Time for a change

Updated: 2011-11-02 14:33

By Sun Li (China Daily)

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Time for a change

Taiwan actor Nicky Wu and mainland actress Liu Shishi take the lead roles in Startling by Each Step. Photos provided to China Daily

Time for a change

Actress Yang Mi plays the female protagonist in the popular time travel TV series Palace.

Time travel TV series are hot right now, but they have their critics too. Sun Li reports.

TV serials about time travel have become popular but appear to show a lack of creativity among scriptwriters, some experts say. Two TV series in particular - Palace and Startling by Each Step - both first shown on Hunan TV, center on a female protagonist who goes back in time to the Qing Dynasty (1644-1911), where they become romantically involved with princes. Their success has inspired TV production companies to buy up similar time travel tales for 2012. "It's fun to watch characters travel back in time and deal with the conflicts between modernity and ancient times. It creates a novelty value," says Xia Xiaoyan, a loyal fan of both shows, who works for a foreign-owned enterprise in Shanghai.

"I'm hooked by the shows because they are characterized by dramatic and poetic love and have eye-pleasing actors."

Cai Yinong, the producer of Startling by Each Step, says time travel series are not new but the genre offers room for imagination and connects both today and the past.

"Many people are facing tremendous pressures in their fast-paced lives, so this genre is more relaxing than other shows as it provides people with a terrific outlet to escape reality," Cai says.

"Most time travel series are set in the Qing Dynasty, especially during the reign of the Kangxi Emperor, which is familiar to viewers from TV dramas," Cai continues. "Basically, it takes viewers no time at all to understand the historical context."

Many time-traveling stories are adapted from popular online novels, which have already established a solid fan base, Cai says. This also helps ratings.

Time travel TV programs have their critics, however. In previous guidelines issued by the State Administration of Radio, Film and Television (SARFT), they have been discouraged because they "casually make up myths, have weird plots and use absurd tactics".

Du Yingjie, a PhD student of Radio and Television Art at Communication University of China, says one of the ridiculous elements of these shows is blending modern catchphrases and old-fashioned language.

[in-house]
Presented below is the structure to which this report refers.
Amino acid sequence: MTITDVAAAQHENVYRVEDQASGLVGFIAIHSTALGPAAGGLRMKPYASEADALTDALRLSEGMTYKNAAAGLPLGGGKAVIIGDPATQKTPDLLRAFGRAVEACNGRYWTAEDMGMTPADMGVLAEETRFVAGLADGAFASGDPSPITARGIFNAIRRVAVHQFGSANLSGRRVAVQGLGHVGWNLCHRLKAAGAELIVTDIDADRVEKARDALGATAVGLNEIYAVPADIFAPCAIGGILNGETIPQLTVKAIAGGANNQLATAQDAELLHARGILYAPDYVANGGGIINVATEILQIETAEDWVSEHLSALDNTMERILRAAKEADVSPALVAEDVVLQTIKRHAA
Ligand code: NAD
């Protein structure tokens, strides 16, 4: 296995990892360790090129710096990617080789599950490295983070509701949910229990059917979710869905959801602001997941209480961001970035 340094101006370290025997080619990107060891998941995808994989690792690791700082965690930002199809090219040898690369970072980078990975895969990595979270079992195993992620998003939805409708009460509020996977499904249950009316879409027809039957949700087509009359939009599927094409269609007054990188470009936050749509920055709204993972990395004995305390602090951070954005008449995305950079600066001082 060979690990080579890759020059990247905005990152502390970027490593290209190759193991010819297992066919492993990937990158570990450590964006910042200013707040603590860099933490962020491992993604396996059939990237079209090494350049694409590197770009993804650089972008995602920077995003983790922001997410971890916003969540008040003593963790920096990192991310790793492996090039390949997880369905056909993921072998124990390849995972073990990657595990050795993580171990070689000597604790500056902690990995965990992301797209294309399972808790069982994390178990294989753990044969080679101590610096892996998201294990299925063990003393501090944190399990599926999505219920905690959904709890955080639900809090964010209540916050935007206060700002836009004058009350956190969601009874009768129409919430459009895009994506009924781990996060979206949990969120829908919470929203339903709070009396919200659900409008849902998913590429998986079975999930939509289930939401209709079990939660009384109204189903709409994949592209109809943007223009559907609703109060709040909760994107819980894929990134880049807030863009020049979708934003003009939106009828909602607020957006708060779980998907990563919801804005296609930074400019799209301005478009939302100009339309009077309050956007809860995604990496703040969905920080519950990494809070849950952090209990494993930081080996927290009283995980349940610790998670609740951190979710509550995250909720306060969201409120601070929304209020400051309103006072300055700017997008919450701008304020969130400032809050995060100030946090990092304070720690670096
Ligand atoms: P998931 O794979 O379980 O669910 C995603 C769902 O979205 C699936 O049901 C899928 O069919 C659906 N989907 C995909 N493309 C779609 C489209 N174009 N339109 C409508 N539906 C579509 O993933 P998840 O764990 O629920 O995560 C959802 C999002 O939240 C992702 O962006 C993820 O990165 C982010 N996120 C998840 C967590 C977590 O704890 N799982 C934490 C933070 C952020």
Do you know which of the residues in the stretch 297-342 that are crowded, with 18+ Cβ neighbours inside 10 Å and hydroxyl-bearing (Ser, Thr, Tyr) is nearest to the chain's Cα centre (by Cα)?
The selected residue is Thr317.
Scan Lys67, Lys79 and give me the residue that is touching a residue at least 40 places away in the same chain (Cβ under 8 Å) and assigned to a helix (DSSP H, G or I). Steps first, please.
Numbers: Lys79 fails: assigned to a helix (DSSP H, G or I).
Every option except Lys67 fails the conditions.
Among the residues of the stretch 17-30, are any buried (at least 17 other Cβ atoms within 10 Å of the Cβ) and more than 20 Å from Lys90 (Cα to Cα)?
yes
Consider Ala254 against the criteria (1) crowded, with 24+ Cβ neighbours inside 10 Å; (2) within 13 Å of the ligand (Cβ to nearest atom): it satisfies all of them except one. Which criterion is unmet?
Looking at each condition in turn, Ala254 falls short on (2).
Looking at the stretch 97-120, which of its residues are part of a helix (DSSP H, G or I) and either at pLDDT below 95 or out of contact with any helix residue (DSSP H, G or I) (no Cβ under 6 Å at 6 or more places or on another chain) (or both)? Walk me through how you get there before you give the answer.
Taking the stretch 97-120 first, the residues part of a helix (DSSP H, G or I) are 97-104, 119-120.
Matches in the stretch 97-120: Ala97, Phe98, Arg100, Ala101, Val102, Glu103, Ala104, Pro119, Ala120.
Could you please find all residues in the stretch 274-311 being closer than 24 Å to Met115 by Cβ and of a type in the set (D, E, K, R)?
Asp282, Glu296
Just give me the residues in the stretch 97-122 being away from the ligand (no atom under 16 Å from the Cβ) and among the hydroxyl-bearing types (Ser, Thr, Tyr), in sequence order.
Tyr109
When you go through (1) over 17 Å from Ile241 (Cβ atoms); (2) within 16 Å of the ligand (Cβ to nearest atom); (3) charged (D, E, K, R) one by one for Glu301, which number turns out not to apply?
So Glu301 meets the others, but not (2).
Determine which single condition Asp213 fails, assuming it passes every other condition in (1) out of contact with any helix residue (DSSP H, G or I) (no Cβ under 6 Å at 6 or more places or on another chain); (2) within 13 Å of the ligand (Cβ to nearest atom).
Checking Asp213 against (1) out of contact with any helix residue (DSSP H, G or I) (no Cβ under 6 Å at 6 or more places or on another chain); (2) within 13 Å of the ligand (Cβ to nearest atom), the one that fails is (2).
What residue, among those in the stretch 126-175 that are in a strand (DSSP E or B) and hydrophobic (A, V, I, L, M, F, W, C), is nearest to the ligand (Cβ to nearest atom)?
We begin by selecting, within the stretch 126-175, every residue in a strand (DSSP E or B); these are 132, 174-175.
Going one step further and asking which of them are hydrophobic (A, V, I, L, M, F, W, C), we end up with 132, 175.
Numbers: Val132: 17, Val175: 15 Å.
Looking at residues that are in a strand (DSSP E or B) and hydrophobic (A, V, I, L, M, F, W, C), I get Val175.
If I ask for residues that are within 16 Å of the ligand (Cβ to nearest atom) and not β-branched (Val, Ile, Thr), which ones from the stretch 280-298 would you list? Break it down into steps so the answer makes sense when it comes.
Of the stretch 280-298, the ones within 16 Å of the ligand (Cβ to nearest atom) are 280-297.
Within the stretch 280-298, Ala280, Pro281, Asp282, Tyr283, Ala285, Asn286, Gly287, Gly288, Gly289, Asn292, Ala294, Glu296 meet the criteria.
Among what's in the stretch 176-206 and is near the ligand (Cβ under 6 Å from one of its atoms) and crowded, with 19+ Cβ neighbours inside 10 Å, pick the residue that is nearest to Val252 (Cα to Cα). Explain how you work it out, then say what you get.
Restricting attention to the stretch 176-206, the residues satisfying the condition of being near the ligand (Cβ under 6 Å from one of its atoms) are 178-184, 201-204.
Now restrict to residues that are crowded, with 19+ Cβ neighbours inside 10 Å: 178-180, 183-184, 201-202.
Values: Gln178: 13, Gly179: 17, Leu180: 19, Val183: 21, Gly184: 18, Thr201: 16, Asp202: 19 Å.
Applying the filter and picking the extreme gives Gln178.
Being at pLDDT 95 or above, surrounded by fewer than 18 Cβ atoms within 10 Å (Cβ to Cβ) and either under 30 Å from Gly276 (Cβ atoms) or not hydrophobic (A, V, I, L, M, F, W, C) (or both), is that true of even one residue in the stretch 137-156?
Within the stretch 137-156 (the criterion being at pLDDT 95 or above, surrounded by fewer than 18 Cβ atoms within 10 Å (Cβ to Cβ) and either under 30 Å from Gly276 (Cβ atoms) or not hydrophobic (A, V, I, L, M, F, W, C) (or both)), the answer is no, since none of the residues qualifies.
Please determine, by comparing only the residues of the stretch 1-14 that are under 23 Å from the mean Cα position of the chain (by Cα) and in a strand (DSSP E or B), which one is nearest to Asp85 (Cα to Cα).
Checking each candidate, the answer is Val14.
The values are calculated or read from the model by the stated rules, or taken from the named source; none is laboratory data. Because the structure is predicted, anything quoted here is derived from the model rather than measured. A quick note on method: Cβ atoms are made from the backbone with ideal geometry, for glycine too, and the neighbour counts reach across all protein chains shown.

"Time travel series are more about entertainment. Many characterizations, scenes and lines are not in accord with historical facts," Du says. "If we focus on authenticity, quite a few episodes are shoddy products."

Cai agrees. "Traveling back in time involves looking at history from a modern perspective, so it is inevitable to mix new elements with old ones," she says.

"If the authors and screenwriters who edit the original work do not do their research properly, there is a good chance the show will be misleading in terms of historical facts."

Cai says a team of Qing Dynasty experts was hired to lower the likelihood of contradicting historical facts when shooting Startling by Each Step.

"Although time travel series are made for their entertainment value, being entertaining does not necessarily mean making a farce filled with nonsense. So producers should not ignore the issue of authenticity," she advises.

"Shows of such kind, in the future, should be careful about such details such as language styles, characters' titles and court etiquette."

To Gui Dongming, a veteran scriptwriter, the popularity of time travel series indicates an absence of originality among screenwriters.

"It's much easier for a screenwriter to absorb and transform an antecedent text than to think of a brilliant idea and complete it by himself," Gui says.

Gui says TV producers are more likely to green light projects that have a proven track record, so adaptations and imitations of bestsellers are given the go-ahead, while an original story may be sidelined. That makes writers more willing to take shortcuts.

But in the long run, Gui argues, this will not be good for China's TV because audiences will get tired of the same formulas.

"Essentially, screenwriters should adopt a down-to-earth and painstaking approach, pouring in enough time to do research and to enrich personal experiences to make a unique story that is close to people's lives," he says, adding young scriptwriters, in particular, need to be patient and widen their horizons.

"Since most time travel TV dramas now tell of characters traveling back in time, we should start to depict ancient characters traveling forward in time to the present day, or traveling back and forth," he says.

"It's important to learn to be creative, even if we are in the adaptation or imitating phase."